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Capital punishment in Illinois

From Wikipedia, the free encyclopedia

Capital punishment has been repealed in the U.S. state of Illinois since 2011.

Illinois used death by hanging as a form of execution until 1928. The last person executed by this method was the public execution of Charles Birger the same year. After being struck down by Furman v. Georgia in 1972, the death penalty was reinstated in Illinois on July 1, 1974 but voided by the Supreme Court of Illinois in 1975. Illinois officially reinstated the death penalty on July 1, 1977.

On September 8, 1983, the state adopted lethal injection as the default method of execution in Illinois, but the electric chair remained operational to replace lethal injection if needed.

In 1994, the state executed serial killer John Wayne Gacy, who sexually assaulted, tortured and murdered at least 33 teenage boys and young men between 1972 and 1978 in Cook County (a part of metropolitan Chicago). The last man executed in Illinois was the serial killer Andrew Kokoraleis in 1999.

On January 11, 2003 the Republican Governor George Ryan blanket commuted the sentences of all the 167 inmates condemned to death, and pardoned four of them, a gesture that his opponents attribute to the fact that he was rendered ineligible by his unpopularity and charged with conspiracy, racketeering and fraud.[1]

Democratic Governor Pat Quinn signed legislation on March 9, 2011 to abolish the death penalty in Illinois to go into effect July 1, 2011, and commuted the death sentences of the fifteen inmates on Illinois' death row to life imprisonment. Quinn was criticized for signing the bill after saying that he supported the death penalty during the 2010 gubernatorial campaign, after which he defeated the Republican candidate with 46.8% of the vote.[2]

In 2018, Governor Bruce Rauner called for the death penalty to be imposed on convicted cop killers.[3]

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this is possibly the most morbid video that I have done and that is saying something because they did do a video about the st. Valentine's Day Massacre! I want to take a look at capital punishment and here in America the rules change state to state so specifically I want to focus on Illinois and the first known case of capital punishment in Illinois was in 1779 when a slave named Emmanuel was found guilty of poisoning and hung in Kaskaskia, Illinois. The first person to be hung in Chicago was that of John Stone in 1840 he was charged of the murder of Mrs Lucretia and it was a public execution which was held south of the city around 26th Street on the shoreline In Chicago the public hangings moved to what is now the University of Illinois Chicago on Ashland Avenue between Polk and Taylor in 1858 around 3,000 people gathered here to watch the public execution of Albert Staub, the Chicago Tribune mentioned the event was brutal to watch and called for executions to be a private affair which did happen the state of Illinois passed the law on February 18 1859 which allowed only certain people to attend executions which had to be held in the walled area of a prison. The hangings were moved to the courthouse which was on the block of Randolph, Clark, Washington and LaSalle that is the future location of all city halls in Chicago unfortunately this building was burned down in the great fire 1871 it's a good thing that the hangings became a private affair because the next criminal that went to the gallows had to be hung twice Micheal McNamee was charged with killing his wife and when they went to hanging the first time part of the noose actually broke so they had to walking back up the stairs again and hang him all over but this time there are a lot more successful there are about a hundred hangings in the area of Cook County and in 1929 they switched to the electric chair the first execution was of Charles Walz and Anthony Grecco for the killing of a Chicago police officer for the next 33 years there would be 67 inmates sentenced to death by the electric chair the last was James Dukes in 1962 who was also charged with the murder of a Chicago police officer in 1972 the William Henry Furman versus the state of Georgia went before the Supreme Court and ultimately it knocked down all death penalty schemes across America Illinois re-enacted its death penalty in 1974 and adopted the use of lethal injection for capital punishment twelve people were killed by this method in Illinois arguably the most famous of which was John Wayne Gacy the last person to be killed in Illinois under capital punishment was Andrew Kokoraleis who was part of the Ripper crew the death penalty was abolished in Illinois on July 1st 2011 in the end the state had executed 360 people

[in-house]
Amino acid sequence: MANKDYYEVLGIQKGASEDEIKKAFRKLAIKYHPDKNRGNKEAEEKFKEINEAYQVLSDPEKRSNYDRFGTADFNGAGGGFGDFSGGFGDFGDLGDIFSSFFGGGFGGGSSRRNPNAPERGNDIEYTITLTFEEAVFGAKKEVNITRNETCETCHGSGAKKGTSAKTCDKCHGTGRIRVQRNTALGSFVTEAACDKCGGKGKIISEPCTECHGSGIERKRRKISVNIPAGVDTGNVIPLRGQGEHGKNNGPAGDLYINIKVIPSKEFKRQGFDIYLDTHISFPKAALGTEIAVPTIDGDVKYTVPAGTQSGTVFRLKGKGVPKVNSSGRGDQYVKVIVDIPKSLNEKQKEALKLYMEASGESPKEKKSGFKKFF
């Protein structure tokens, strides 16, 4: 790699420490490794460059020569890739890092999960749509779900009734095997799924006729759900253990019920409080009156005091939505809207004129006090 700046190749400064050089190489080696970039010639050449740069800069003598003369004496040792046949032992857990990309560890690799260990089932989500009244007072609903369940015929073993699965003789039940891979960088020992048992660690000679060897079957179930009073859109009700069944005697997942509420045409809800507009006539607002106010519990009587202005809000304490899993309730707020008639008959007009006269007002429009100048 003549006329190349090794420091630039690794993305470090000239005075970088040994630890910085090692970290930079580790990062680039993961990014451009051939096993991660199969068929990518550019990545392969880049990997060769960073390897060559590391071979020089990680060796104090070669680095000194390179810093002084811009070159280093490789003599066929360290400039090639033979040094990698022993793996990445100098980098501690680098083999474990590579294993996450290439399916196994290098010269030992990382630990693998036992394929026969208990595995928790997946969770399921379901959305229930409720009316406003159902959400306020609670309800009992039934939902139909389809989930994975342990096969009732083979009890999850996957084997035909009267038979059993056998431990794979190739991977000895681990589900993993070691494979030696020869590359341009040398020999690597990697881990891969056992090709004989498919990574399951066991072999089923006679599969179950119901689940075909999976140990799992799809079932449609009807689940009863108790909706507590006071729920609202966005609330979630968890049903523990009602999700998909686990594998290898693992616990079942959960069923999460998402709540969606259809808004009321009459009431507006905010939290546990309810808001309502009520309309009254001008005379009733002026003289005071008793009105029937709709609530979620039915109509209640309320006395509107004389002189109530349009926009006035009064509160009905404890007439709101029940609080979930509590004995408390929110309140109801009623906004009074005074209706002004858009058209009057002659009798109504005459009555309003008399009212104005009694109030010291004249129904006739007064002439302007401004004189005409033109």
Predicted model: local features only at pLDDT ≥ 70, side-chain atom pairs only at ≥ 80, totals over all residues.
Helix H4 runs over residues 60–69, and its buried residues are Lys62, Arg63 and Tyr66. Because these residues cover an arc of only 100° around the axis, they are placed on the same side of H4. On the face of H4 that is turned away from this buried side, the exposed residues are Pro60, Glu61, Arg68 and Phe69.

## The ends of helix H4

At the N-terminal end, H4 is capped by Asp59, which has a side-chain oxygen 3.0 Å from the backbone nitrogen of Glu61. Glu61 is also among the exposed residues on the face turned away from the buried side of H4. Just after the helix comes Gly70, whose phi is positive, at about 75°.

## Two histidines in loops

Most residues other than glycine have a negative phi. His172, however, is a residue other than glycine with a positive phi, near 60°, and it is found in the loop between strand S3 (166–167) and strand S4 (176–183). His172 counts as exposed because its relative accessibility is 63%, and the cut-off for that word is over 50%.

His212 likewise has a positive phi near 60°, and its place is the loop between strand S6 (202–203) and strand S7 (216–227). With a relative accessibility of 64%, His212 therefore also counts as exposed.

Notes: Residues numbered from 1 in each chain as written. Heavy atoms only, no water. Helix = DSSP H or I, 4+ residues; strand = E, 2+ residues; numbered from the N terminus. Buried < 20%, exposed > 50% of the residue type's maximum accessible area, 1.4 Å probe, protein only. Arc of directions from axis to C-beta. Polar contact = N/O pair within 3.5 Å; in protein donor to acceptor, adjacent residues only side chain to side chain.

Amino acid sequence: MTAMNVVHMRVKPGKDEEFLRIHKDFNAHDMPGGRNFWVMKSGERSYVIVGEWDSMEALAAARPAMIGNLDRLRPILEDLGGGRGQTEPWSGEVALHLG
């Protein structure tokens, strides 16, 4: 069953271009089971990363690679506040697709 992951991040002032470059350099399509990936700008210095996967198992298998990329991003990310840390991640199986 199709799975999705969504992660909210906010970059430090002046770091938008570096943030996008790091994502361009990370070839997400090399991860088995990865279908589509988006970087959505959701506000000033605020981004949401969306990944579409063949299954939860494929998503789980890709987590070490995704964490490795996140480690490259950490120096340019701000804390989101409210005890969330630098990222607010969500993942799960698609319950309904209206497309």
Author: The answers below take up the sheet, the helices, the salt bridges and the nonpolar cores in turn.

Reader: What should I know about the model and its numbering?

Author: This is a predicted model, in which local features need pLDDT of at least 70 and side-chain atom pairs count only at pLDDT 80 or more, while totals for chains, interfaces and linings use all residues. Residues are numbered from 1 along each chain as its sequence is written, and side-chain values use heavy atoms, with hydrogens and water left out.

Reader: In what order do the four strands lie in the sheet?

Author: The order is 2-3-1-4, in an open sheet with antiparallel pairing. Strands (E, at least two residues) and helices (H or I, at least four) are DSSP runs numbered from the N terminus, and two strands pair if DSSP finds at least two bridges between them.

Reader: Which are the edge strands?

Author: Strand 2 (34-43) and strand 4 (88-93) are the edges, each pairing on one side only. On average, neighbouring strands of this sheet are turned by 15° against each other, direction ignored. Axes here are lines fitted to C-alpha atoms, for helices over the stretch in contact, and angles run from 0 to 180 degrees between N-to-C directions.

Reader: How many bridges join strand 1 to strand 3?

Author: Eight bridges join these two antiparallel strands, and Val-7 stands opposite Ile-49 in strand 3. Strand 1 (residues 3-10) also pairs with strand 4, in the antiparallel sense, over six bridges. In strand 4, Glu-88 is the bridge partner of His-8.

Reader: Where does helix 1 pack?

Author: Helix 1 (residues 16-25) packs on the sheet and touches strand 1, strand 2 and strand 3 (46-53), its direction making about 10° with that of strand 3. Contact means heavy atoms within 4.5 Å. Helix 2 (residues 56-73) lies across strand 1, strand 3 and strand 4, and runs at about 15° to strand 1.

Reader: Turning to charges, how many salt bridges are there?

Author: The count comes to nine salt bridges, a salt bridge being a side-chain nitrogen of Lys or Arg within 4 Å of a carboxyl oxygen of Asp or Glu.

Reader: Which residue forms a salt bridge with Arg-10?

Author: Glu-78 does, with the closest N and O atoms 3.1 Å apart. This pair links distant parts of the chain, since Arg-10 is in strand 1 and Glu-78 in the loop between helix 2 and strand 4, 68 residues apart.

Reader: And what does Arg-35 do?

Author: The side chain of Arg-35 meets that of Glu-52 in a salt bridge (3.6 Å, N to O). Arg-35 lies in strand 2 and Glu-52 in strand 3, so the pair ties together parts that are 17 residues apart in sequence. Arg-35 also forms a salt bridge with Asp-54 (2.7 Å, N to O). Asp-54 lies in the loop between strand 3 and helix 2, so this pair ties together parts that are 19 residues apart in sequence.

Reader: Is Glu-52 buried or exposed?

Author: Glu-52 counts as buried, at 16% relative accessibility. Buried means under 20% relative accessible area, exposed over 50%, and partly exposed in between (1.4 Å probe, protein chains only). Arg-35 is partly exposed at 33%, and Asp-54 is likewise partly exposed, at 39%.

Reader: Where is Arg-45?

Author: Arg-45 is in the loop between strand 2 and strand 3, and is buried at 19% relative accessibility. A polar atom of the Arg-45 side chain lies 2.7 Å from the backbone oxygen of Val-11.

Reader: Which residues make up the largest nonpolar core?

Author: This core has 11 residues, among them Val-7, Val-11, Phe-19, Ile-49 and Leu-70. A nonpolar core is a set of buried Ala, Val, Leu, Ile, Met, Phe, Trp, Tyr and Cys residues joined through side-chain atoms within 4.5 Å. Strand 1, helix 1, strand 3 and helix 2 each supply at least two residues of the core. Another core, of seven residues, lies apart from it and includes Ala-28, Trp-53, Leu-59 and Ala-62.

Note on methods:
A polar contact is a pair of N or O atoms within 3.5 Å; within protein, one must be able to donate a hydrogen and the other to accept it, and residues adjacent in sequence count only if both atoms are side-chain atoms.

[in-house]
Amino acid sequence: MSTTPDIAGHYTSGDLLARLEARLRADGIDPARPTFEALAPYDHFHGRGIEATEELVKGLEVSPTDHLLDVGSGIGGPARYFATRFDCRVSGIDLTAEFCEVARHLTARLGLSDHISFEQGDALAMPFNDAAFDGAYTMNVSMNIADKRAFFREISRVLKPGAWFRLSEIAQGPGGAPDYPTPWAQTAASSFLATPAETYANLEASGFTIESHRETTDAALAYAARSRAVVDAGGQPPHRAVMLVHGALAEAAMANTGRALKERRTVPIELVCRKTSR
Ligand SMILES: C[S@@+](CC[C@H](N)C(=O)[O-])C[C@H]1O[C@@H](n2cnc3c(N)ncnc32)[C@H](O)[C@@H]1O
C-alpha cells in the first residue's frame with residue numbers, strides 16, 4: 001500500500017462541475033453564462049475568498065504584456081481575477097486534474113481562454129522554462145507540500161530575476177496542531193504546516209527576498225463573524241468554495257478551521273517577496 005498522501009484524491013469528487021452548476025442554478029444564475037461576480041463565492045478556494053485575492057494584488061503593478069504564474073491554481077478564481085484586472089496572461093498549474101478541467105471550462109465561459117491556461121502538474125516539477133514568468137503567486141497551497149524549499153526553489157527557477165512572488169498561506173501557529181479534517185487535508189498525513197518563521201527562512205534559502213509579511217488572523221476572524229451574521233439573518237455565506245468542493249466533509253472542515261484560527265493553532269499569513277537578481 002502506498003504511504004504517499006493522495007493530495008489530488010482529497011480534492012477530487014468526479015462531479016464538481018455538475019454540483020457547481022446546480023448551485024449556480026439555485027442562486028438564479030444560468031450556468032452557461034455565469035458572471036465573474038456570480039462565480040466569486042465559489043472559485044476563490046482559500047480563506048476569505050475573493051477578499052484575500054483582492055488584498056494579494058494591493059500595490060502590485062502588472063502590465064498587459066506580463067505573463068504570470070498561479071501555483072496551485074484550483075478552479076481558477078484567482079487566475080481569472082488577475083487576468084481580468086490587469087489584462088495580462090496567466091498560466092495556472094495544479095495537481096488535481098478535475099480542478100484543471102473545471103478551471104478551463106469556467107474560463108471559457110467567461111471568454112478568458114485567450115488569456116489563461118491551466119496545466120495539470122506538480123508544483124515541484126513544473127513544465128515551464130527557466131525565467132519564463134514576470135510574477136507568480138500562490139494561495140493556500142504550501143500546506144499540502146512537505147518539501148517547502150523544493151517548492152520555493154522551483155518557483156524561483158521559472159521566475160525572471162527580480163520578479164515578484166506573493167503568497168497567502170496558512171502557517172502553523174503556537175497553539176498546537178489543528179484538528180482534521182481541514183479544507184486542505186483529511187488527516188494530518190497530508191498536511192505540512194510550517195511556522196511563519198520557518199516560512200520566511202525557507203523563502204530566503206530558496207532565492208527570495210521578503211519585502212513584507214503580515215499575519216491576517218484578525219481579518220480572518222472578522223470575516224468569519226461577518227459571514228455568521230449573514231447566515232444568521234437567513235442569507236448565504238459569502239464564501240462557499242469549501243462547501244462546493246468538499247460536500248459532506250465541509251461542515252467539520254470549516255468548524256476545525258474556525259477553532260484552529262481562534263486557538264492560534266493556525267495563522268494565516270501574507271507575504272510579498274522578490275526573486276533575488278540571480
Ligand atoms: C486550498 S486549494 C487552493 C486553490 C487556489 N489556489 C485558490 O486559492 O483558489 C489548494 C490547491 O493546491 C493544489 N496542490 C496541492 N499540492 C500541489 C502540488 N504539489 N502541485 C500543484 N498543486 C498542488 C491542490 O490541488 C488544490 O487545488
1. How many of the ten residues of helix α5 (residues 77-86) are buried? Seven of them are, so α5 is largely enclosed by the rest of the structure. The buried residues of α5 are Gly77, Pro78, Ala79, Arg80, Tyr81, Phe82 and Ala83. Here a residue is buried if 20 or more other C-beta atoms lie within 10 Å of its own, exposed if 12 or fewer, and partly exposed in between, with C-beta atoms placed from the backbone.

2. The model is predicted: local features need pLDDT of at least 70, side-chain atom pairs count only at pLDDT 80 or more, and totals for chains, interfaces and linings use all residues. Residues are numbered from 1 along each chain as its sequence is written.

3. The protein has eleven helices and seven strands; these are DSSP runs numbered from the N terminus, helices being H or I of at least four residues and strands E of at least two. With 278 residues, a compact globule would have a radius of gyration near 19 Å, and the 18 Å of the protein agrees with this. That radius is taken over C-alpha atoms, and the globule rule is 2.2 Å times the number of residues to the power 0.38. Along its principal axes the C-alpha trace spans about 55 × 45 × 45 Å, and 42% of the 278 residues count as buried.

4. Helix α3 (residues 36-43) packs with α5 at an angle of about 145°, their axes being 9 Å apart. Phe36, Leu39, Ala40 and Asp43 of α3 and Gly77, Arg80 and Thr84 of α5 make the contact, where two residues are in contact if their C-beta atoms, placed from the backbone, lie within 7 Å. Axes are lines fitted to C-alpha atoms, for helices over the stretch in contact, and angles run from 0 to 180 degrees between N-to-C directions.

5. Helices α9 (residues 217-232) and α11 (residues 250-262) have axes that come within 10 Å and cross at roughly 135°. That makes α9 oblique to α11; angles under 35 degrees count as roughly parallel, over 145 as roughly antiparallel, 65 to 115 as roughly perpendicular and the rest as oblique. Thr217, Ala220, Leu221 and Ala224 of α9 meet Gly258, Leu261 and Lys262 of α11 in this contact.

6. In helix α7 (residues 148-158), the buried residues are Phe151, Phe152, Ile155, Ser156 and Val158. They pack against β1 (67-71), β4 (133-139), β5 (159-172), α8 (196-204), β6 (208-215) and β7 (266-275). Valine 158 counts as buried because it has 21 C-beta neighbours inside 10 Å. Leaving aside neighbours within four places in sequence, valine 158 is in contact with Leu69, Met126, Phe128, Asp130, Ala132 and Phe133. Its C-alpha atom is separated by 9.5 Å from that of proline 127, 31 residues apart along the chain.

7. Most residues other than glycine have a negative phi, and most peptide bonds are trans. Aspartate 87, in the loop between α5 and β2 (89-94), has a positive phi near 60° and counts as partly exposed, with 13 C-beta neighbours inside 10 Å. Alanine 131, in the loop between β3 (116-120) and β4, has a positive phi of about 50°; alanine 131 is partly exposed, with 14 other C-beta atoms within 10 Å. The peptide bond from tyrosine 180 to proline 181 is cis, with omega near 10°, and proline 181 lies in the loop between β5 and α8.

See also


  1. ^ "Moral Corruption in Illinois". The American Cause. January 25, 2003. Retrieved June 27, 2011.
  2. ^ "Illinois Governor Signs Capital Punishment Ban". Retrieved June 24, 2017.
  3. ^
This page was last edited on 16 March 2020, at 04:45
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